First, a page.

It’s been two and half years since my stroke, and my life is far from normal. I constantly strive for a life where I focus on the positive and not the negative. This may seem pretty easy to do, but the reality is that every day is a challenge.
Some days I wake up and feel really good, but I still never know what’s going to happen tomorrow. It’s important for me to cherish the present.
My focus in life is advocating for disabled people, mental health, and personal wellness. I’m a huge believer in the universe, which helps guide me to keep growing as a person. I would describe my mental health as a rollercoaster; one day I feel really great, and five minutes later I feel anxious. My body is one of the causes of my mental health struggles.
I have a rare form of Muscular Dystrophy called LMNA-CMD and it causes muscle degeneration. The damaged muscles progressively get weaker, and because the progression of my condition is slow, I’ve been walking with assistance since I was 18 years old. Scooters and walkers have supported my body while I took my best shot at being a teenager with a disability. School life consisted of an aide taking my notes, helping me get around, and staying mostly indoors because the cold weather hurt my muscles. Living with Muscular Dystrophy is definitely a challenge, but I don’t let it define me.
I started school at the University of Tampa in January of 2016. The fact that I got accepted into a university was a huge accomplishment for me. The college life experience alone was awesome! I was meeting new friends, not reporting back to my family, and living in an accessible community. What more could a girl ask for? This was the start of a new chapter in my life and I was ready to thrive.
However, I couldn’t have predicted or prepared for what would transform the course of my life nearly a year later. On December 19, 2016, I had a massive Ischemic stroke that deprived my brain of oxygen due to the loss of blood supply in my brain. I was immediately taken into surgery where a cerebral angiogram was performed to remove the clot. The procedure was a success, but sadly, the damage had already been done.
I was painfully alert, trapped inside a body that would not work, and to add insult to injury, I could not communicate. I tried to form thoughts and sentences, but was unsuccessful in doing anything with them.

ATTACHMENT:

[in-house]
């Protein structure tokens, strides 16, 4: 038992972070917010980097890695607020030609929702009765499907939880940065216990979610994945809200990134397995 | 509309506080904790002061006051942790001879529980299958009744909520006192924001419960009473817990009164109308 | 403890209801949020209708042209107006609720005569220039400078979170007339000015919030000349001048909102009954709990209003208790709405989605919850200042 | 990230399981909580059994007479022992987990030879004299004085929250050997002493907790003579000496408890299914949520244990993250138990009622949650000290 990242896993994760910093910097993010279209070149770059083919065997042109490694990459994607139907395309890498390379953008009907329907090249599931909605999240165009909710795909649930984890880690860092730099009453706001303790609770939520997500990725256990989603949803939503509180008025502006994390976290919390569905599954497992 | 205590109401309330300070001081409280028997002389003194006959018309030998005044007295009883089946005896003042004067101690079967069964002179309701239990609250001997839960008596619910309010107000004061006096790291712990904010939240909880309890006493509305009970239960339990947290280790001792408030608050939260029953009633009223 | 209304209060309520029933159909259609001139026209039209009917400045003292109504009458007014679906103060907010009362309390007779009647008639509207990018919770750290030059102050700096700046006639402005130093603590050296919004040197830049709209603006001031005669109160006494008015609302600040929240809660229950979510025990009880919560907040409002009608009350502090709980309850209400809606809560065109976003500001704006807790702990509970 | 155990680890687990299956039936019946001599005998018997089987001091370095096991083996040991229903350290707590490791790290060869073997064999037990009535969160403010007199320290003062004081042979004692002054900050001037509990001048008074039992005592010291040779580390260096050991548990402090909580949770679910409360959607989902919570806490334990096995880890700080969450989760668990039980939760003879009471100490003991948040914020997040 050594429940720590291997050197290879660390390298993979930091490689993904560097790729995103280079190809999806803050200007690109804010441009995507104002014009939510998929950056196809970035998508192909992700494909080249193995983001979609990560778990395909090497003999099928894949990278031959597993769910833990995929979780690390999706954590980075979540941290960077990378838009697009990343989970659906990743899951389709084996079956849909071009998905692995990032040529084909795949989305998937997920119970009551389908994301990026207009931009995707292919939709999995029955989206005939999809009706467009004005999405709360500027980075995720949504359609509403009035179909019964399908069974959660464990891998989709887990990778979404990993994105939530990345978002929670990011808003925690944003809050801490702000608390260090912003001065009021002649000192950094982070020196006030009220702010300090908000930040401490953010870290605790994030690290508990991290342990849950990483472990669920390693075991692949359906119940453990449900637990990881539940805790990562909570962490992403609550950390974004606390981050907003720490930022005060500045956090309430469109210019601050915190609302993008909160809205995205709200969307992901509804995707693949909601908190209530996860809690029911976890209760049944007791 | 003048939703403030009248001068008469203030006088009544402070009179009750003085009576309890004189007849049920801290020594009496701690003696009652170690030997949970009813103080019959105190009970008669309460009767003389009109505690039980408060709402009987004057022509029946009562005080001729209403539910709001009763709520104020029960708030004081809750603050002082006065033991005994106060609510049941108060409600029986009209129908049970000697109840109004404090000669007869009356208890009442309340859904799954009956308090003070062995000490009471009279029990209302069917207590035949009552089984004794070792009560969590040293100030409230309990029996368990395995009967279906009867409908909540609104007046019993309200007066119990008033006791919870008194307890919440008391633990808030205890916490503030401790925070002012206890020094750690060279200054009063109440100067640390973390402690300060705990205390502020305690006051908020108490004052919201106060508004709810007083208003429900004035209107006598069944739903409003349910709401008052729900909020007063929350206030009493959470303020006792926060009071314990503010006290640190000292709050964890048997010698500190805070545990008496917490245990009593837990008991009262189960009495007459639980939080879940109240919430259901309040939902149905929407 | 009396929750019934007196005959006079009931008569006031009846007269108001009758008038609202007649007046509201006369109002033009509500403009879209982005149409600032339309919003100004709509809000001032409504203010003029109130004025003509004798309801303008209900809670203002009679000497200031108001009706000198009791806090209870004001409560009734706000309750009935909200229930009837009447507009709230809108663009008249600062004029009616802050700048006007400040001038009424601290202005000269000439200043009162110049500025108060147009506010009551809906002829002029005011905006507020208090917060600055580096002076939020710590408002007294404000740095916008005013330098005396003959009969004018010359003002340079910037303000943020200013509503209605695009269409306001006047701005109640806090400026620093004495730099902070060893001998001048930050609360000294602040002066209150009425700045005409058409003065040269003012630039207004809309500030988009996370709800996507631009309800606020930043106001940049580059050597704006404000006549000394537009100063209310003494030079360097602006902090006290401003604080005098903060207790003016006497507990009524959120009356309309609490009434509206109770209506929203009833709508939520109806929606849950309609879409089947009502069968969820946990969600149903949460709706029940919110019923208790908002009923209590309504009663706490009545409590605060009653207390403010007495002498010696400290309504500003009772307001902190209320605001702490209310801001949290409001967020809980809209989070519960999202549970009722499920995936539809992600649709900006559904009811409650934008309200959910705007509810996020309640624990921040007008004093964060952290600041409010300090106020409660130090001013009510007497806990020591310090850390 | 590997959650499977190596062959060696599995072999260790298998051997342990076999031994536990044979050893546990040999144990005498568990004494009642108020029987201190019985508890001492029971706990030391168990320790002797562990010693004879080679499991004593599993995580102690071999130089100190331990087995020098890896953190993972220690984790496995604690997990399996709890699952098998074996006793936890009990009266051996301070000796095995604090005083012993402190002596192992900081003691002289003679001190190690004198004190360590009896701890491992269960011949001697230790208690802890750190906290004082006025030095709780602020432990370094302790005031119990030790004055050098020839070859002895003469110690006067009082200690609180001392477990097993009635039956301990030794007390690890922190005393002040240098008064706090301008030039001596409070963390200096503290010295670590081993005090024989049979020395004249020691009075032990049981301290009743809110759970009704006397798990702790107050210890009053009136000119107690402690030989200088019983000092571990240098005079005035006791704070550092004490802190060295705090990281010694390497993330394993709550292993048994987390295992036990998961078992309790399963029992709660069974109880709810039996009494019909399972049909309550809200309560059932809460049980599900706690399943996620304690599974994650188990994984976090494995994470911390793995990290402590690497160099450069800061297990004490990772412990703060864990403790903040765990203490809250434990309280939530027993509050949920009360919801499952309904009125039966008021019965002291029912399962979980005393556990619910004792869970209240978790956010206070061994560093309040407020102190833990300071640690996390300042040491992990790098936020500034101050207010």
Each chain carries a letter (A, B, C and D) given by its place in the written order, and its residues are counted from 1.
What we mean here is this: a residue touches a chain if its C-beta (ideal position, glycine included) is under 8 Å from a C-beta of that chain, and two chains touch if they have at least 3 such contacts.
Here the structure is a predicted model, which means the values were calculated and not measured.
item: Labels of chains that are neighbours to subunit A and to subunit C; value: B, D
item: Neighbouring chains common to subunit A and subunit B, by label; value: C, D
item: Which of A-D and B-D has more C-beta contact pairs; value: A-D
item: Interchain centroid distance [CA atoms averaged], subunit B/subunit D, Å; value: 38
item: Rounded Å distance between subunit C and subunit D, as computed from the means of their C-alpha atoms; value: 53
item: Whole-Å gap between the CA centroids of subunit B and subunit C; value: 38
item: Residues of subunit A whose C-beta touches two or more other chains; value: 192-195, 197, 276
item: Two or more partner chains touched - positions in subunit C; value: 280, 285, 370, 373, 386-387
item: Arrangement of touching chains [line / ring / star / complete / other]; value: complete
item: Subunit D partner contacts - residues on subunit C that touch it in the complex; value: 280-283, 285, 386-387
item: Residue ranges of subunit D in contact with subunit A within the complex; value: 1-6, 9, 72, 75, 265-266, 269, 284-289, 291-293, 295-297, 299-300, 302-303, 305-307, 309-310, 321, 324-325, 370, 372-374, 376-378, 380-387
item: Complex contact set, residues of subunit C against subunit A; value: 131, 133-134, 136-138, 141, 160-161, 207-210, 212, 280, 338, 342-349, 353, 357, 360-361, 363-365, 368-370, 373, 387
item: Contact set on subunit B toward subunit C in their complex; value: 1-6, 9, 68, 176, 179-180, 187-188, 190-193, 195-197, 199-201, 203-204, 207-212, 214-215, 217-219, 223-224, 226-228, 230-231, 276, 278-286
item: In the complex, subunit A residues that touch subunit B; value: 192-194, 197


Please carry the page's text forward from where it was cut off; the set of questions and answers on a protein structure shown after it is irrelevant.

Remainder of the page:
I spent the next month in rehabilitation re-learning how to speak, spell, sit up, and stand. Every moment of my life leading up to today has been a battle, but I find my happy place by getting together with friends, traveling, and advocating for disability rights for myself and with healthcare professionals.
Traveling has always been a passion of mine and has given me great joy. I’ve been fortunate to visit Wisconsin, Florida, the Carolinas, and recently, California. But as exciting as traveling can be, getting around as a disabled person and having to constantly investigate whether places I want to go are accessible or not is exhausting.
Navigating in a world mostly designed for able-bodied people has its ups and downs. I’ve made it part of my mission to review places I visit, so that fellow disabled people can be better prepared while they travel, or visit restaurants, attend concerts, etc. It’s been a fun journey breaking down my experience based on restroom size, access ramps, seating, and staff!
Many who are disabled have a family member, friend, or caregiver who help us live our life to the fullest. The one person in my life who has never given up on me and who challenges me to fight through my struggles is my mom. She is a nurse, cancer survivor, my best friend, and my biggest supporter. I’m forever grateful for her courage, her strength, and her determination. My strength is because of her resilience. Thank you Mom!